We will be expanding this pilot in the near future with the employment of 3 additional teams of Champs through a Land User Incentive Project funded by the Department of Environment, Forestry & Fisheries (DEFF).

Gum Plantations that have invaded wetlands and are being cleared by the Restoration Champs. Photo credits - R.Antrobus-Wuth
BRC Champions

Catchment Partnership Inception

A number of collaborative multi-partner forums, projects and initiatives across the Blyde, Klaserie, Sand and Sabie Catchments are currently being implemented that are focussed on improving and protecting catchment integrity while seeking to improve livelihoods. An initial virtual meeting for the Blyde, Klaserie, Sand and Sabie Catchment partnership was held on the 11th of July 2020. The following organizations: Kruger to Canyons Biosphere Region K2C, AWARD, Conservation South Africa, SANParks, DEFF, WWF-SA, The Nature Conservancy, SANBI (South African National Biodiversity Institute), and SAEON (South African Environmental Observation Network) presented their current work focus and possible prospects from the envisaged catchment partnership.  SANBI also took the opportunity to introduce the Living Catchments Project, which is envisaged for implementation within the landscape and has the potential to align very well with the catchment partnership.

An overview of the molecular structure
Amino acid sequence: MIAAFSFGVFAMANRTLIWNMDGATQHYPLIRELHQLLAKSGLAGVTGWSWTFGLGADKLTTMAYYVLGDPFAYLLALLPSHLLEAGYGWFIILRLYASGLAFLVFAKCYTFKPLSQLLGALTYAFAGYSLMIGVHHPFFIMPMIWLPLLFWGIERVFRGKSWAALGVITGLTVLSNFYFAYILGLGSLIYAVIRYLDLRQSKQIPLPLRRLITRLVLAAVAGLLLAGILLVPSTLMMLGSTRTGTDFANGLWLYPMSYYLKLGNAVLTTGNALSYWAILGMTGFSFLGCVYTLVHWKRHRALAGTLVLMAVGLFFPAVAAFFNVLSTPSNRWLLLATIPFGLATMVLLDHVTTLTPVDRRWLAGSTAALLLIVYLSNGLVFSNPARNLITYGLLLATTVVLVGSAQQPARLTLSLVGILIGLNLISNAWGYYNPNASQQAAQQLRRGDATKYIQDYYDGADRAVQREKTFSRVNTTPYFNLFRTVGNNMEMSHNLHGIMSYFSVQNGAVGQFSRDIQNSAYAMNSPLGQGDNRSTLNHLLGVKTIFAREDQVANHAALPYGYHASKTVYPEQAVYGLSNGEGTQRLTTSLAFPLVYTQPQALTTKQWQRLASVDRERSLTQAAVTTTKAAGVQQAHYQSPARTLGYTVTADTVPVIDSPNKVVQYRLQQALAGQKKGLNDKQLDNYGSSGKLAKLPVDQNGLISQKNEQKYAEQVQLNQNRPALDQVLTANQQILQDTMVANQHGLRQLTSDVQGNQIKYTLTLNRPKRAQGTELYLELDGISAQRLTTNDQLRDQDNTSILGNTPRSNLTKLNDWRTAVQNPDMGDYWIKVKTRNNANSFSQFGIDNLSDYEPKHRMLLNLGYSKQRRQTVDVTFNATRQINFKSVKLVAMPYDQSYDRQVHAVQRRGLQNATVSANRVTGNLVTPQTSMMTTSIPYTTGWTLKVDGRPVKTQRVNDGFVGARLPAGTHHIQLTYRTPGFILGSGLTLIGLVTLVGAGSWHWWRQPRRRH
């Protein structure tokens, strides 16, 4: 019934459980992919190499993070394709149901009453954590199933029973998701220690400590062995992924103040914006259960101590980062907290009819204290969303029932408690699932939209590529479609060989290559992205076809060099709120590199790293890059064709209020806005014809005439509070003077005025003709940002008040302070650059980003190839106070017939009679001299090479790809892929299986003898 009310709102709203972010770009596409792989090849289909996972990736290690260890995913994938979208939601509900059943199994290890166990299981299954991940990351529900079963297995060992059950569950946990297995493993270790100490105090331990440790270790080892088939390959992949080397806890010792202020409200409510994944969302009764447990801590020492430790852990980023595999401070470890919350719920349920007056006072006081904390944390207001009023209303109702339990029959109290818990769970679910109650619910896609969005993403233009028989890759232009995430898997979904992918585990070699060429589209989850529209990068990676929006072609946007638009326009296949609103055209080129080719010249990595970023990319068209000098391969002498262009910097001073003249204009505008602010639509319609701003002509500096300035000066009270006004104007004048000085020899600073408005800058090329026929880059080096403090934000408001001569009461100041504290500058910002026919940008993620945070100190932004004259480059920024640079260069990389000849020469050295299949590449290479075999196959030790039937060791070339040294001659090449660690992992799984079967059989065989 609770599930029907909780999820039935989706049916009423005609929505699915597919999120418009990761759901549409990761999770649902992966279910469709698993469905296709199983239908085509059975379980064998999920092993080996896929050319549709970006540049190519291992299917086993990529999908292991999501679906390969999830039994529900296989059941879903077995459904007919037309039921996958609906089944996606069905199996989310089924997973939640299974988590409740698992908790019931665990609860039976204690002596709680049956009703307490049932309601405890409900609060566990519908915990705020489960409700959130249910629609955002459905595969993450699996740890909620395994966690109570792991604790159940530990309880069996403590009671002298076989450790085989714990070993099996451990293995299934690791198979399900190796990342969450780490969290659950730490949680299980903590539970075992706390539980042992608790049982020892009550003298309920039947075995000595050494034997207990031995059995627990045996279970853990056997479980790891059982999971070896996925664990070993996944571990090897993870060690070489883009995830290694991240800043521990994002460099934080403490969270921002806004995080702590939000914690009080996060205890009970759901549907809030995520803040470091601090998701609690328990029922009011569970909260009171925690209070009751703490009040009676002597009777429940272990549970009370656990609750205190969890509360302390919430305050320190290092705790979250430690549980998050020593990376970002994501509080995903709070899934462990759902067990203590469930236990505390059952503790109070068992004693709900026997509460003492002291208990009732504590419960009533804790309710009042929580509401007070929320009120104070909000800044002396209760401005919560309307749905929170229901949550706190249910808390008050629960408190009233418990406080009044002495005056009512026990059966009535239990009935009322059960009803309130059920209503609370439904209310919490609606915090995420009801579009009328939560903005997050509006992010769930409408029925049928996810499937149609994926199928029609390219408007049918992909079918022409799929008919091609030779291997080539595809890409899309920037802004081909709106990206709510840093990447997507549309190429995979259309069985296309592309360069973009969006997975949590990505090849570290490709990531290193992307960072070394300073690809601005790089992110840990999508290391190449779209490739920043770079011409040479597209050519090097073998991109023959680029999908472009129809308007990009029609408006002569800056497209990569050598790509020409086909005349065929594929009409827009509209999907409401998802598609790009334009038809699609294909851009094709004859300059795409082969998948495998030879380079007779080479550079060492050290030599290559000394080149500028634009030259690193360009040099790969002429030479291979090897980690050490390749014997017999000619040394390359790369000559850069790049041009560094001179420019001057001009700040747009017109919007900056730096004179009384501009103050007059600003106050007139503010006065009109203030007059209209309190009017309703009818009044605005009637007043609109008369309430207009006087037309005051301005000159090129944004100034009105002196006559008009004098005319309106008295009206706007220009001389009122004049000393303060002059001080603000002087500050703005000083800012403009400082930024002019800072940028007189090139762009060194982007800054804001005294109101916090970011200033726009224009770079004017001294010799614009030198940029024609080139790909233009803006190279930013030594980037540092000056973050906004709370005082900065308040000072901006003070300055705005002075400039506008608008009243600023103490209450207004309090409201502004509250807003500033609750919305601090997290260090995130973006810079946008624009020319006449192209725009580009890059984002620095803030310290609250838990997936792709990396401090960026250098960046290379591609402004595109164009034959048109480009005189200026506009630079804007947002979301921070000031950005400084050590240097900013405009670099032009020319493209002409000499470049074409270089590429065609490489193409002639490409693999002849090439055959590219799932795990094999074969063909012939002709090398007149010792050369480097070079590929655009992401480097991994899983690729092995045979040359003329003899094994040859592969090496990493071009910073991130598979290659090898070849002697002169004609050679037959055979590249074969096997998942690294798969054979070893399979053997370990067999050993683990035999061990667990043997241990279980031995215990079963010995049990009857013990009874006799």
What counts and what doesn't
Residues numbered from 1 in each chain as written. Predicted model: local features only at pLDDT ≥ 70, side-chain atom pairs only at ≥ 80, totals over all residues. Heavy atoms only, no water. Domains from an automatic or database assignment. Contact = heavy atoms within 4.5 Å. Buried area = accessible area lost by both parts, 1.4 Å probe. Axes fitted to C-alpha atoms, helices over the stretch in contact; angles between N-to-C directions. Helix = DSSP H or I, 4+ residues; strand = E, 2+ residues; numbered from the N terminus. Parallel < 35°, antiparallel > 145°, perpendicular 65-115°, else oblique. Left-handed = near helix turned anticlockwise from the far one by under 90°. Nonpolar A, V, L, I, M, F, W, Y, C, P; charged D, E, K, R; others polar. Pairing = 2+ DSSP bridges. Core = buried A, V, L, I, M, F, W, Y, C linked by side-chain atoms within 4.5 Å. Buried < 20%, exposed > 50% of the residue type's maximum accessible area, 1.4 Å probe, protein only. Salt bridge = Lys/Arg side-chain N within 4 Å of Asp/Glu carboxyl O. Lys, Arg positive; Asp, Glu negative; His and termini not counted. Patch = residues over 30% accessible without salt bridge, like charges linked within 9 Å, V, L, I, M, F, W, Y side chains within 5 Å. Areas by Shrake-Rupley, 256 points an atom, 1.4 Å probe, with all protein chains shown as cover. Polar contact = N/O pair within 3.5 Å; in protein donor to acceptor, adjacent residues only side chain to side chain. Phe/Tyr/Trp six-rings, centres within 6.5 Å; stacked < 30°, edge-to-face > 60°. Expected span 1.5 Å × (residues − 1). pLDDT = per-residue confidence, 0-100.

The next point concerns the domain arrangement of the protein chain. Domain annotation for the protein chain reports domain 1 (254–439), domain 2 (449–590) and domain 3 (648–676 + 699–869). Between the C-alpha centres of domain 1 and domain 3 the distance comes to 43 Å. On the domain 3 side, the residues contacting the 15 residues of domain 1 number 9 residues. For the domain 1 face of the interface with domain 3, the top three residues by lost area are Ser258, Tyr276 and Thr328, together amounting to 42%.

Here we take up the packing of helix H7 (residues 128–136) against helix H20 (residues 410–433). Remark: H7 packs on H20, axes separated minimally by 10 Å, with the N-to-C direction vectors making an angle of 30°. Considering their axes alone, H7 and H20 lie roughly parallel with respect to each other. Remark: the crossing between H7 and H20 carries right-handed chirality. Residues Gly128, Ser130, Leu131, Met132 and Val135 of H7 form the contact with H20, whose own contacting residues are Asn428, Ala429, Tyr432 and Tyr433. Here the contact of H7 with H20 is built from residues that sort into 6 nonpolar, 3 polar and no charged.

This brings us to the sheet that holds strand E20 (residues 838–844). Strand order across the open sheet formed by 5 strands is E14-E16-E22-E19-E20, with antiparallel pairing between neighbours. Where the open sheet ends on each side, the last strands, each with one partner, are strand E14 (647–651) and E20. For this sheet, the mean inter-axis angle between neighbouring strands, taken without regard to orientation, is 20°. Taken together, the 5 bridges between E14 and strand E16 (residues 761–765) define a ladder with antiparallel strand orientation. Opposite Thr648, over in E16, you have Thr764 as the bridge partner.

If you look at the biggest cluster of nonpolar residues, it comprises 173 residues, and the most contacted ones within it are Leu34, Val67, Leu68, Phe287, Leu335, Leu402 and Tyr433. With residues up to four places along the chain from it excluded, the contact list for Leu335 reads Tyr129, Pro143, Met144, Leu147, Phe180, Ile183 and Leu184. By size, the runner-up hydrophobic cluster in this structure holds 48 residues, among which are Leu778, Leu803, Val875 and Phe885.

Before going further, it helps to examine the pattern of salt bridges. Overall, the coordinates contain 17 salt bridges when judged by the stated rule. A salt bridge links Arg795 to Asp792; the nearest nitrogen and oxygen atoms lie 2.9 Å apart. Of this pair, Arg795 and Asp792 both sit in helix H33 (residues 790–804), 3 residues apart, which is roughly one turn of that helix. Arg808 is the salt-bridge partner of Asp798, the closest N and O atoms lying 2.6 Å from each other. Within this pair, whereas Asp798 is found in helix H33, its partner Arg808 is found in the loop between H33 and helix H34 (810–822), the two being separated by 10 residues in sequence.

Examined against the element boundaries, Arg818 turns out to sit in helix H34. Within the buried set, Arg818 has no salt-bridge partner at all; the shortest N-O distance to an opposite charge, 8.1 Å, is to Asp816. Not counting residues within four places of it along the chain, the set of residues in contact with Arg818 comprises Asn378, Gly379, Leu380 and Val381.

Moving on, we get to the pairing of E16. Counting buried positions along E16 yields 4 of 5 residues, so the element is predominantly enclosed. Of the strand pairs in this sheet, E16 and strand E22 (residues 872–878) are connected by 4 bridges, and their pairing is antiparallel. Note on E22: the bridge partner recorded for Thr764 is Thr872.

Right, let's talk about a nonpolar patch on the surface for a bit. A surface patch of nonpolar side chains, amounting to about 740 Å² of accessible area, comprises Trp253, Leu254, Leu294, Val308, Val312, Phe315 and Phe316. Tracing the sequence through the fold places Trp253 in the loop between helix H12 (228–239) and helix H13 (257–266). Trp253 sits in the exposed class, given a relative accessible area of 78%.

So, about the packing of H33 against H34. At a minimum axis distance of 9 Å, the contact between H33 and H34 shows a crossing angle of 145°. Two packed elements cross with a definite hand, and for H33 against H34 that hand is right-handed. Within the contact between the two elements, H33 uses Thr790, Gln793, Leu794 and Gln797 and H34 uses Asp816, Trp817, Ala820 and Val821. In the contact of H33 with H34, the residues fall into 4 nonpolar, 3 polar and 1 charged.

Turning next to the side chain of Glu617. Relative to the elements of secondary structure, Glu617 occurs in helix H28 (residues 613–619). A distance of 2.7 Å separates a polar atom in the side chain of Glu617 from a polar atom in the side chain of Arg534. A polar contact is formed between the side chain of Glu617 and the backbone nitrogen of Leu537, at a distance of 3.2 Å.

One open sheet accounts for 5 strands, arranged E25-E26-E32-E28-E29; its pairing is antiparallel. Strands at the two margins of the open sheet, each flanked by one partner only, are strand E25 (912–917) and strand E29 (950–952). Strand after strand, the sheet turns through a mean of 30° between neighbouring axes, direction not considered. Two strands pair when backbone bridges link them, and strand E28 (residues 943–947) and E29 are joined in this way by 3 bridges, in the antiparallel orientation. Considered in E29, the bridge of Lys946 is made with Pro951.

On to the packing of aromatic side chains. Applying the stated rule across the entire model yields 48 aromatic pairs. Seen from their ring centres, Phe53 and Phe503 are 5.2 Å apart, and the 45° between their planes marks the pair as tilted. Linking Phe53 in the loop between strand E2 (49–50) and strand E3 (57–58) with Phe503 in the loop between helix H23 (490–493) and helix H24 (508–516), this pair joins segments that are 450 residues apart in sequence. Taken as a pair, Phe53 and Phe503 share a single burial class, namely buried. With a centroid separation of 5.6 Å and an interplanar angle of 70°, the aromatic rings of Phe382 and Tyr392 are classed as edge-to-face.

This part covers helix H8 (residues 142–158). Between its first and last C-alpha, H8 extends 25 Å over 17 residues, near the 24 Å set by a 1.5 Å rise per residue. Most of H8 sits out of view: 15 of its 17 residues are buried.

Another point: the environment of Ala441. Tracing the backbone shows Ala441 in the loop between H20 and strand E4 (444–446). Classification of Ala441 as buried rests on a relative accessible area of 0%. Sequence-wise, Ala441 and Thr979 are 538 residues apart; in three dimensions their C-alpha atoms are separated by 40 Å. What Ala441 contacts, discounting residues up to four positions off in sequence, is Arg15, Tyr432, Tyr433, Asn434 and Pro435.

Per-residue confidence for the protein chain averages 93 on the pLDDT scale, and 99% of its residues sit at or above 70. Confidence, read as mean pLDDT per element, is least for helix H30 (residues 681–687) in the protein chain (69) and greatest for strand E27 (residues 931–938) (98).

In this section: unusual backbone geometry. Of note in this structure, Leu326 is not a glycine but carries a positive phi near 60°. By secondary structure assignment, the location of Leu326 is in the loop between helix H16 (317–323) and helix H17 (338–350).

Partners at the top of Mariepskop
Reuben-Thifhulufhelwi from AWARD with a soil sample that is an example of a peat wetland

The primary funders for our work in the catchment areas of the K2C Biosphere are the United Nations Development Programme (UNDP) and Global Environment Facility as part of the Biodiversity and Land-use Project implemented by SANBI; The USAID Resilient Waters Programme; and the Expanded Public Work Programme (EPWP) and Land User Incentive (LUI) Programmes funded through the National Department of Environmental, Forestry and Fisheries.

Our work listed above is being implemented by a number of collaborative partners that include:

About Kruger to Canyons Biosphere Region

The Kruger to Canyons Biosphere Region is recognised under the UNESCO (United Nations Educations, Scientific and Cultural Organisation) Man and the Biosphere Programme. It became the 411th Biosphere Reserve site to be registered, acknowledging the global significance of Greater Kruger bioregion, the eastern savannahs and escarpment of South Africa. The Kruger to Canons NPC was established in 2011 to fulfil the mandates of the UNESCO Man and Biosphere Programme.